Five Things That Will Protect You From Viruses And Those That Don't.

Viruses are pathogenic and parasitic organisms. They lack respiration, metabolism, cell membrane, and cannot replicate out of the living cells. Viruses are either RNA or DNA viruses. Note that the RNA viruses quickly mutate than the DNA ones. Currently, viruses are the biggest threat to human life, with the current COVID-19 pandemic causing lock-down in several countries, industries and untold suffering across the communities globally.

Over time, the viruses have mutated, posing severe challenges to their destruction. Why are they so challenging to cure? Well, they exist as freeloading zombies. They aren't quite alive and, at the same time, not undoubtedly dead. What kills viruses? Let's go through some of the things that may inactivate the viruses.

1. Can Vinegar Kill viruses?

Before scrubbing using home-made disinfectants, consider the natural disinfectants such as vinegar, more so during the corona virus pandemic. The virus has instilled a lot of panic into the global population, with toilet papers, sanitizers, and face masks becoming rare commodities in the US. In case you are unable to get disinfectants in your local warehouses, consider natural disinfectants such as vinegar, hydrogen peroxide, and tea tree oil. Even though most people recognize vinegar as an alternative bleach that is safe, very little data supports its activity against the pathogens.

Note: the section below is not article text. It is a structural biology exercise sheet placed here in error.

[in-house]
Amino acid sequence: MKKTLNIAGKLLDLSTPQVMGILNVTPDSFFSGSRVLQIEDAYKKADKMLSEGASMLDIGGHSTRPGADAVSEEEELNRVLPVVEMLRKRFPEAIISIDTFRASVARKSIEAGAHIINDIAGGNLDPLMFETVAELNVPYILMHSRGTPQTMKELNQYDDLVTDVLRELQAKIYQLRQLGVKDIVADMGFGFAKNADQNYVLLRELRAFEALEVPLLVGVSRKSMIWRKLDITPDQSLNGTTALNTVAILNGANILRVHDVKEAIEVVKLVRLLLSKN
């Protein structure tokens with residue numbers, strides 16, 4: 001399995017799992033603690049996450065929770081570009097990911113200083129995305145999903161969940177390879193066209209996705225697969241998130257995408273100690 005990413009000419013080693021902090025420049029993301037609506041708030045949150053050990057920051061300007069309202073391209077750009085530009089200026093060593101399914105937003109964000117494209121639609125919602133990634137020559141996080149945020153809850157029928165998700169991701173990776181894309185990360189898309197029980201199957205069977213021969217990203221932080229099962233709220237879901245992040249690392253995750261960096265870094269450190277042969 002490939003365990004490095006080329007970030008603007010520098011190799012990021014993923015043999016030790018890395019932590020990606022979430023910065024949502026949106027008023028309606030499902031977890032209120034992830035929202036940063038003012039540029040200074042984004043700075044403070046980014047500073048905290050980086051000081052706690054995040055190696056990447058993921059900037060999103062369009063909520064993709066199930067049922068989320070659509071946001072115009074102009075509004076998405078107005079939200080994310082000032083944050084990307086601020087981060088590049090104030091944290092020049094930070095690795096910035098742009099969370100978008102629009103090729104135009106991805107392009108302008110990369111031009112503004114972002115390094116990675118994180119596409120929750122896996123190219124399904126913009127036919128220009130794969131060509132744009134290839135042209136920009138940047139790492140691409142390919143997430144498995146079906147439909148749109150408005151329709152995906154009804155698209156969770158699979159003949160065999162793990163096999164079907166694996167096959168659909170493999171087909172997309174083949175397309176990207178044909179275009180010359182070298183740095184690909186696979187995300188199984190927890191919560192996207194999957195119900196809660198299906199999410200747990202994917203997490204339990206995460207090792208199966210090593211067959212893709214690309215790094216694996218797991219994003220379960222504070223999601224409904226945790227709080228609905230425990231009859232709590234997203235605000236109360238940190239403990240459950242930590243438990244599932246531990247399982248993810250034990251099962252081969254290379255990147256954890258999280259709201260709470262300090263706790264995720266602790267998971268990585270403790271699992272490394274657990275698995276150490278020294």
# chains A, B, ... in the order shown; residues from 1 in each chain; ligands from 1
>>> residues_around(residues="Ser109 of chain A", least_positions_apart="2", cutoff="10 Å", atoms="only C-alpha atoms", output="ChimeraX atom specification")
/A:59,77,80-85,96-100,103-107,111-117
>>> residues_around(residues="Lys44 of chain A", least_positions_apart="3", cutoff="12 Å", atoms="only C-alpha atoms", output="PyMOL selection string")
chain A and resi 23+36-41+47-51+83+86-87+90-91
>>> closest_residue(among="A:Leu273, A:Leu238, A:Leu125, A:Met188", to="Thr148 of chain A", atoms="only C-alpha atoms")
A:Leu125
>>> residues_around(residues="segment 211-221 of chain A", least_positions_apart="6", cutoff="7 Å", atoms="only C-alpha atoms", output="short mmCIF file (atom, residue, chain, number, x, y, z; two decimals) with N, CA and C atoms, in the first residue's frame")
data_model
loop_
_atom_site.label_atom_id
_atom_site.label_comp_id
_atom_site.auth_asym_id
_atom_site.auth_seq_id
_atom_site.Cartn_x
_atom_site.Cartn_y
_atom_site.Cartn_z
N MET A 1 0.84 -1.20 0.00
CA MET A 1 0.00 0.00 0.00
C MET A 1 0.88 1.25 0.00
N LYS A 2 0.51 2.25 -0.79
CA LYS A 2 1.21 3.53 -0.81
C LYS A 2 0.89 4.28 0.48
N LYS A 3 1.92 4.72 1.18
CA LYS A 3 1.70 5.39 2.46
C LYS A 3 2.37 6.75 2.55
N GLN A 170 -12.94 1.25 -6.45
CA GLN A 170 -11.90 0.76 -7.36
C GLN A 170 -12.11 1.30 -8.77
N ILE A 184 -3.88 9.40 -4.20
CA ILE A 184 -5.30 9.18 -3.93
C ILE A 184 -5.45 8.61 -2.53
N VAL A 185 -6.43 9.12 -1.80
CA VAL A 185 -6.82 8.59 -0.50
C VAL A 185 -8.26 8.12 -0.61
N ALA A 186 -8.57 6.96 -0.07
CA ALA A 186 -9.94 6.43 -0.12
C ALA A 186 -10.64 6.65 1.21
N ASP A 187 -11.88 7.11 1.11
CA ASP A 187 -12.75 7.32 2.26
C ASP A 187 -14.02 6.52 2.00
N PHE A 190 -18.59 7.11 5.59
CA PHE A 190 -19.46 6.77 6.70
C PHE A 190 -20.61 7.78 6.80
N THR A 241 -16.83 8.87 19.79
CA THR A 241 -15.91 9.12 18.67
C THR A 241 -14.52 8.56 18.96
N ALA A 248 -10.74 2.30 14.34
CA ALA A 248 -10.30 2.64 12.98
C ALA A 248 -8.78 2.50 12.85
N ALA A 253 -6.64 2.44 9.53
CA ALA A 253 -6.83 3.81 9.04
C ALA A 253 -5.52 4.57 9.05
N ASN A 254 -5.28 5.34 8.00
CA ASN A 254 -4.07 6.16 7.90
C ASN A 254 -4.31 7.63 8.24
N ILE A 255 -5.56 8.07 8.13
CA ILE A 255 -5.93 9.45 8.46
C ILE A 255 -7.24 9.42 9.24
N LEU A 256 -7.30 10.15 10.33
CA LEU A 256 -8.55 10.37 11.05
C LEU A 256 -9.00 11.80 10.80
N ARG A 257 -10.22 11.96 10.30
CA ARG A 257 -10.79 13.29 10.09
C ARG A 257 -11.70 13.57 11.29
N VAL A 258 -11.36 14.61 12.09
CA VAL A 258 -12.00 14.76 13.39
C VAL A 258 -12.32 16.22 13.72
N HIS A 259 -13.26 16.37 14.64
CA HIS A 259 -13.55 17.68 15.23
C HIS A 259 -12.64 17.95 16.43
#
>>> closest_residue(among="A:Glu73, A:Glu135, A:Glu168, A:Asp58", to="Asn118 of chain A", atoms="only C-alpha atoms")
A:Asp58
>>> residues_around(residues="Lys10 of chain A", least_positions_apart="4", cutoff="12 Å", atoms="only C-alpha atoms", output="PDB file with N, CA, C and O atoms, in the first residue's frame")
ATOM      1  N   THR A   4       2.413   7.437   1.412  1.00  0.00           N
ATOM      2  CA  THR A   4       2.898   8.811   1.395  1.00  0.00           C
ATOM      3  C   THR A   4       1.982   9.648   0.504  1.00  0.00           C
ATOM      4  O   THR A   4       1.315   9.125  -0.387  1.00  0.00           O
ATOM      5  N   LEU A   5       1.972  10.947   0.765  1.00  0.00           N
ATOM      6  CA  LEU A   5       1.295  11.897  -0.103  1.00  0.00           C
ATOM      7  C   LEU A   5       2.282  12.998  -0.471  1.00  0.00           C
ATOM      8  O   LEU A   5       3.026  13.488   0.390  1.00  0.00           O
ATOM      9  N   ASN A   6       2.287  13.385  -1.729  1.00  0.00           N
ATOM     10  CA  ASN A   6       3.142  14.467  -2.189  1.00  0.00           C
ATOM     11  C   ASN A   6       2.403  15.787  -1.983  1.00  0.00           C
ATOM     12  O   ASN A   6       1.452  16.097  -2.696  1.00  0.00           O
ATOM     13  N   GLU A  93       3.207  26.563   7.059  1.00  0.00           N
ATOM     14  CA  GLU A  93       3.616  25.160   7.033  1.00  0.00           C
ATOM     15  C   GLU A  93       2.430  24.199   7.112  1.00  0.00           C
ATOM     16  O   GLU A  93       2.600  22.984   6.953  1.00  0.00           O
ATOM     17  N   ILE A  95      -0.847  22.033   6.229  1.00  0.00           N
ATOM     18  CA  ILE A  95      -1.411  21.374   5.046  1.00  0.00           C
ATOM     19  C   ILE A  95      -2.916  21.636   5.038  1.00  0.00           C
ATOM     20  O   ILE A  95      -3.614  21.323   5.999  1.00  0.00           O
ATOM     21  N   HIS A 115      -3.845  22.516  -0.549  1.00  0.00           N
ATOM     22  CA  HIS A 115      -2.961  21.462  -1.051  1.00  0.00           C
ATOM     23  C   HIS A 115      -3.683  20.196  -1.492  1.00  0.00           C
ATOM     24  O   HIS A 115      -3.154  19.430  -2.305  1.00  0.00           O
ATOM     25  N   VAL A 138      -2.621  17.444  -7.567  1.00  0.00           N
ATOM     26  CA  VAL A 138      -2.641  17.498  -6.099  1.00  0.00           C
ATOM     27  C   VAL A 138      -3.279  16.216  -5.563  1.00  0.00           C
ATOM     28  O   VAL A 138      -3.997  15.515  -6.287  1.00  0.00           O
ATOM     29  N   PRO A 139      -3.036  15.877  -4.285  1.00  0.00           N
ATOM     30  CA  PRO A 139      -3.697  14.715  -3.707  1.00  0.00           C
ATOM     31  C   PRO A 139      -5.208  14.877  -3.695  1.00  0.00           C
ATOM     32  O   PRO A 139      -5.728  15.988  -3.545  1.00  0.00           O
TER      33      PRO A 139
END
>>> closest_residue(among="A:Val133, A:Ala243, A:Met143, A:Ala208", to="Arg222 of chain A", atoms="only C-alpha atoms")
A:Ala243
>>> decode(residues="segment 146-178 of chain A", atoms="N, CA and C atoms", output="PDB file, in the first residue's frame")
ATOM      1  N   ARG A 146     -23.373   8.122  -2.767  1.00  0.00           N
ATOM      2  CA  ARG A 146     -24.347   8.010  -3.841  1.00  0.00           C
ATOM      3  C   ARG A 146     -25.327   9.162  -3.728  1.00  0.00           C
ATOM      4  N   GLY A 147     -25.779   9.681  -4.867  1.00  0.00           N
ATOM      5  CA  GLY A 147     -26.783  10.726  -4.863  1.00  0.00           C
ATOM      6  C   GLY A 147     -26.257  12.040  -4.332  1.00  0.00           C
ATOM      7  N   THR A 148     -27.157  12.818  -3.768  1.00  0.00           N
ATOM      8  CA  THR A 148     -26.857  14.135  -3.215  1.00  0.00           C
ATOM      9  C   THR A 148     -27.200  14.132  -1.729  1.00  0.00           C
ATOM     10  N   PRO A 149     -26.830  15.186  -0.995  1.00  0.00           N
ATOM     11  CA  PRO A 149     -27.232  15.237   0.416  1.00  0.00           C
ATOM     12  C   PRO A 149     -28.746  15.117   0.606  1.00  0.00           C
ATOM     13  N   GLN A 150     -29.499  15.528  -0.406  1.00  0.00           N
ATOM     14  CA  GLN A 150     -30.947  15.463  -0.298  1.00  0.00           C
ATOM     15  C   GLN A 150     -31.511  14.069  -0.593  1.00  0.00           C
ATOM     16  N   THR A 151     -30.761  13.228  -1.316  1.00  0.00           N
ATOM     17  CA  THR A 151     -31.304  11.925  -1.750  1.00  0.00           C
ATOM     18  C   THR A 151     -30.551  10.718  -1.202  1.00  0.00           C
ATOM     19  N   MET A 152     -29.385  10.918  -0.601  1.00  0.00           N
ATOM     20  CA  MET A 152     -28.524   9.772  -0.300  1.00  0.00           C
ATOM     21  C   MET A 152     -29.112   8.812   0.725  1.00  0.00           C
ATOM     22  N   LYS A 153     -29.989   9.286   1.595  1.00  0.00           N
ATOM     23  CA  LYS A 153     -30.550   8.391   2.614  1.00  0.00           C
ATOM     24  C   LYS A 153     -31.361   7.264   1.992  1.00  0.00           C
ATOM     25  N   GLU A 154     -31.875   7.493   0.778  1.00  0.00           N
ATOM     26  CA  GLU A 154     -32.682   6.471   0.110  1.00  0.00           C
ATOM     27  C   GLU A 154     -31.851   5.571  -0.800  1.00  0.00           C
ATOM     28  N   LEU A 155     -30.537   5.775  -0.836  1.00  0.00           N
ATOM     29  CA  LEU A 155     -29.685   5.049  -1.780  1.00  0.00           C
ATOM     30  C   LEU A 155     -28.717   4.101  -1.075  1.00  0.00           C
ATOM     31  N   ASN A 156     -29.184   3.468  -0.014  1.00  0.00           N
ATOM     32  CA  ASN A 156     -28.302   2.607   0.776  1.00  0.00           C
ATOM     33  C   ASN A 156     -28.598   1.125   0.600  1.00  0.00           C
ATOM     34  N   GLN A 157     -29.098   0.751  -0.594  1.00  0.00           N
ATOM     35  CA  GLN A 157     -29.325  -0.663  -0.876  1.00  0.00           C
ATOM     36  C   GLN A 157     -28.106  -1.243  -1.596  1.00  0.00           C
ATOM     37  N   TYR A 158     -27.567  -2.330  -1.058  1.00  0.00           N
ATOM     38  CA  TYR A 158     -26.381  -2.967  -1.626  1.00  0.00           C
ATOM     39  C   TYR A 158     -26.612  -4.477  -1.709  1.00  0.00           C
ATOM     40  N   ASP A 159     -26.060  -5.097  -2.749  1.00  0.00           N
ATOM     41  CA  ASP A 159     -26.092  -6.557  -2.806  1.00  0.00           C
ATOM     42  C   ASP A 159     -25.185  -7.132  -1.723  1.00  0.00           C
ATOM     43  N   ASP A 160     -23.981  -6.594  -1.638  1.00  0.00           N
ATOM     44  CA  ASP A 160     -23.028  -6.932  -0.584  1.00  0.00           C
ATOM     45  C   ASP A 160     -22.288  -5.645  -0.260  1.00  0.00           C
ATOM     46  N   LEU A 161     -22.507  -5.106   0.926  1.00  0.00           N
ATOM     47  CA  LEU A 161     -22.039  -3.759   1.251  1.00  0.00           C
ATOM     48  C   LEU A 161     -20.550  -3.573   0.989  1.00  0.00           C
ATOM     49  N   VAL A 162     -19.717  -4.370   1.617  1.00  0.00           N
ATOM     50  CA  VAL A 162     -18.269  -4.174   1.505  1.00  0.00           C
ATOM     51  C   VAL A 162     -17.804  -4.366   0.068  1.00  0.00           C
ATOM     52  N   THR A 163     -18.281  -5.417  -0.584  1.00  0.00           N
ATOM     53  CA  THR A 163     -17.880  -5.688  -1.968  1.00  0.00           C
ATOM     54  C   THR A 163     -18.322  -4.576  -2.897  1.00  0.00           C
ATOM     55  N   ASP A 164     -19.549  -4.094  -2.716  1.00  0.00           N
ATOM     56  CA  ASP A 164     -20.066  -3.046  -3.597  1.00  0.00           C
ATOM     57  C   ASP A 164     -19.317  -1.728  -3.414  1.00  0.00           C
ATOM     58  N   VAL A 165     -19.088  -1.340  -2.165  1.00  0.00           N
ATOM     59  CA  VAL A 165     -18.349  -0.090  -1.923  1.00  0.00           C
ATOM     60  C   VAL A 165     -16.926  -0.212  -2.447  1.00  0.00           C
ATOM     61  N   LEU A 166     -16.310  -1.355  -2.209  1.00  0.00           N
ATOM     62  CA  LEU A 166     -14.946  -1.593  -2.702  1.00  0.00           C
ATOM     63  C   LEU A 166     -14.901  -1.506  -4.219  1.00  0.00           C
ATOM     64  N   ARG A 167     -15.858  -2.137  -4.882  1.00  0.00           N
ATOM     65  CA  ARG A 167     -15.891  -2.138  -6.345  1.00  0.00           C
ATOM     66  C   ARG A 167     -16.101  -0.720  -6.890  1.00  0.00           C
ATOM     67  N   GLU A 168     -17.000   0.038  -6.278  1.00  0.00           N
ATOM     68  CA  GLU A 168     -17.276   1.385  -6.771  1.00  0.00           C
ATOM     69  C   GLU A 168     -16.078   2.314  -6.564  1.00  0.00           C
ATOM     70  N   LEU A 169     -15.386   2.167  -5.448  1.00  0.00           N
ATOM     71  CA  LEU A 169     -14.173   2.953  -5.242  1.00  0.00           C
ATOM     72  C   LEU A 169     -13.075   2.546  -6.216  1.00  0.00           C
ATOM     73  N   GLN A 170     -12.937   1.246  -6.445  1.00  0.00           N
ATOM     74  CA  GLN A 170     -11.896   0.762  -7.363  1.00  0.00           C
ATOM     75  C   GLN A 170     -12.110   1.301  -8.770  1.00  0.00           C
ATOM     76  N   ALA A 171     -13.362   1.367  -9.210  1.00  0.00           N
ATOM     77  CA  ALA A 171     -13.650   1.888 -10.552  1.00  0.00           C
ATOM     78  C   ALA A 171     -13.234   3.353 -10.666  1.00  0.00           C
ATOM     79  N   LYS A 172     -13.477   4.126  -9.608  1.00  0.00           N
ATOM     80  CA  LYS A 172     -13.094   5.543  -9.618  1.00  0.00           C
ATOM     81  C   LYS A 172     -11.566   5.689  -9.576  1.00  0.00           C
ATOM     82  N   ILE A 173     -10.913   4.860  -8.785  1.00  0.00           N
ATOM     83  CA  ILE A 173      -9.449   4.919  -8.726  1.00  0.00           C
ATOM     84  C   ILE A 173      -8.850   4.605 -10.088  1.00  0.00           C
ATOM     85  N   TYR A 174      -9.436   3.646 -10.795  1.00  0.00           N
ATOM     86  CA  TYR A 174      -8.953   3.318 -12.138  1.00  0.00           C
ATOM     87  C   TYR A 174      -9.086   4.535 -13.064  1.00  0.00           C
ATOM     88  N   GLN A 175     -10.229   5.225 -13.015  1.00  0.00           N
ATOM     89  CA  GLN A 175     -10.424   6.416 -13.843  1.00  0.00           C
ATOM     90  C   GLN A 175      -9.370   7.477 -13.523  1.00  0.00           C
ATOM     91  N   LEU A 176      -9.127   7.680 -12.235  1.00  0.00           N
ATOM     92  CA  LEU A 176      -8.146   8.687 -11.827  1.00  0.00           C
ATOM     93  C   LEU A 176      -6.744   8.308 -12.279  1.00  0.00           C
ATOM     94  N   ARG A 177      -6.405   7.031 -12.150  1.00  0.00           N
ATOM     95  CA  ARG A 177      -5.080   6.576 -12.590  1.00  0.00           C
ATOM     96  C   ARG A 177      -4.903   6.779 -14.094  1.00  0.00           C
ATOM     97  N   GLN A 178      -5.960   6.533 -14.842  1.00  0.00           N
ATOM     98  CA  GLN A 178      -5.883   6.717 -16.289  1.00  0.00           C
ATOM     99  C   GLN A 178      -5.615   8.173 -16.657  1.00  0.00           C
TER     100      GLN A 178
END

When the antimicrobial effects of vinegar get compared to that of commercial disinfectants, it is less effective. Commercial disinfectants are the most active against viral pathogens. However, another study carried out using a cleaning solution containing 10% malt vinegar proved effective against the influenza viruses. The antibacterial and antiviral properties observed with vinegar result from the acid being one of its contents.

2. Does Hand Sanitizer Kill viruses?

The sale of hand sanitizer has been enormous globally, with the spread of the corona virus. Does Purell kill viruses? Note that hand sanitizer may or may not kill the corona virus. However, it should not be your first preventive mechanism against the virus. A hand sanitizer containing a minimum of 60% alcohol is the most appropriate alternative to thorough scrubbing of hands using water and soap for not less than 20 seconds.

Enveloped viruses such as the corona virus contain outer envelopes or membranes that get inactivated. Inactivation occurs in the presence of hand sanitizers containing alcohol. Less quantities of hand sanitizer may not be useful in the management of the corona virus. Place the sanitizer onto your hand, and then rub your hands until they dry completely. It will take an average of 20 seconds.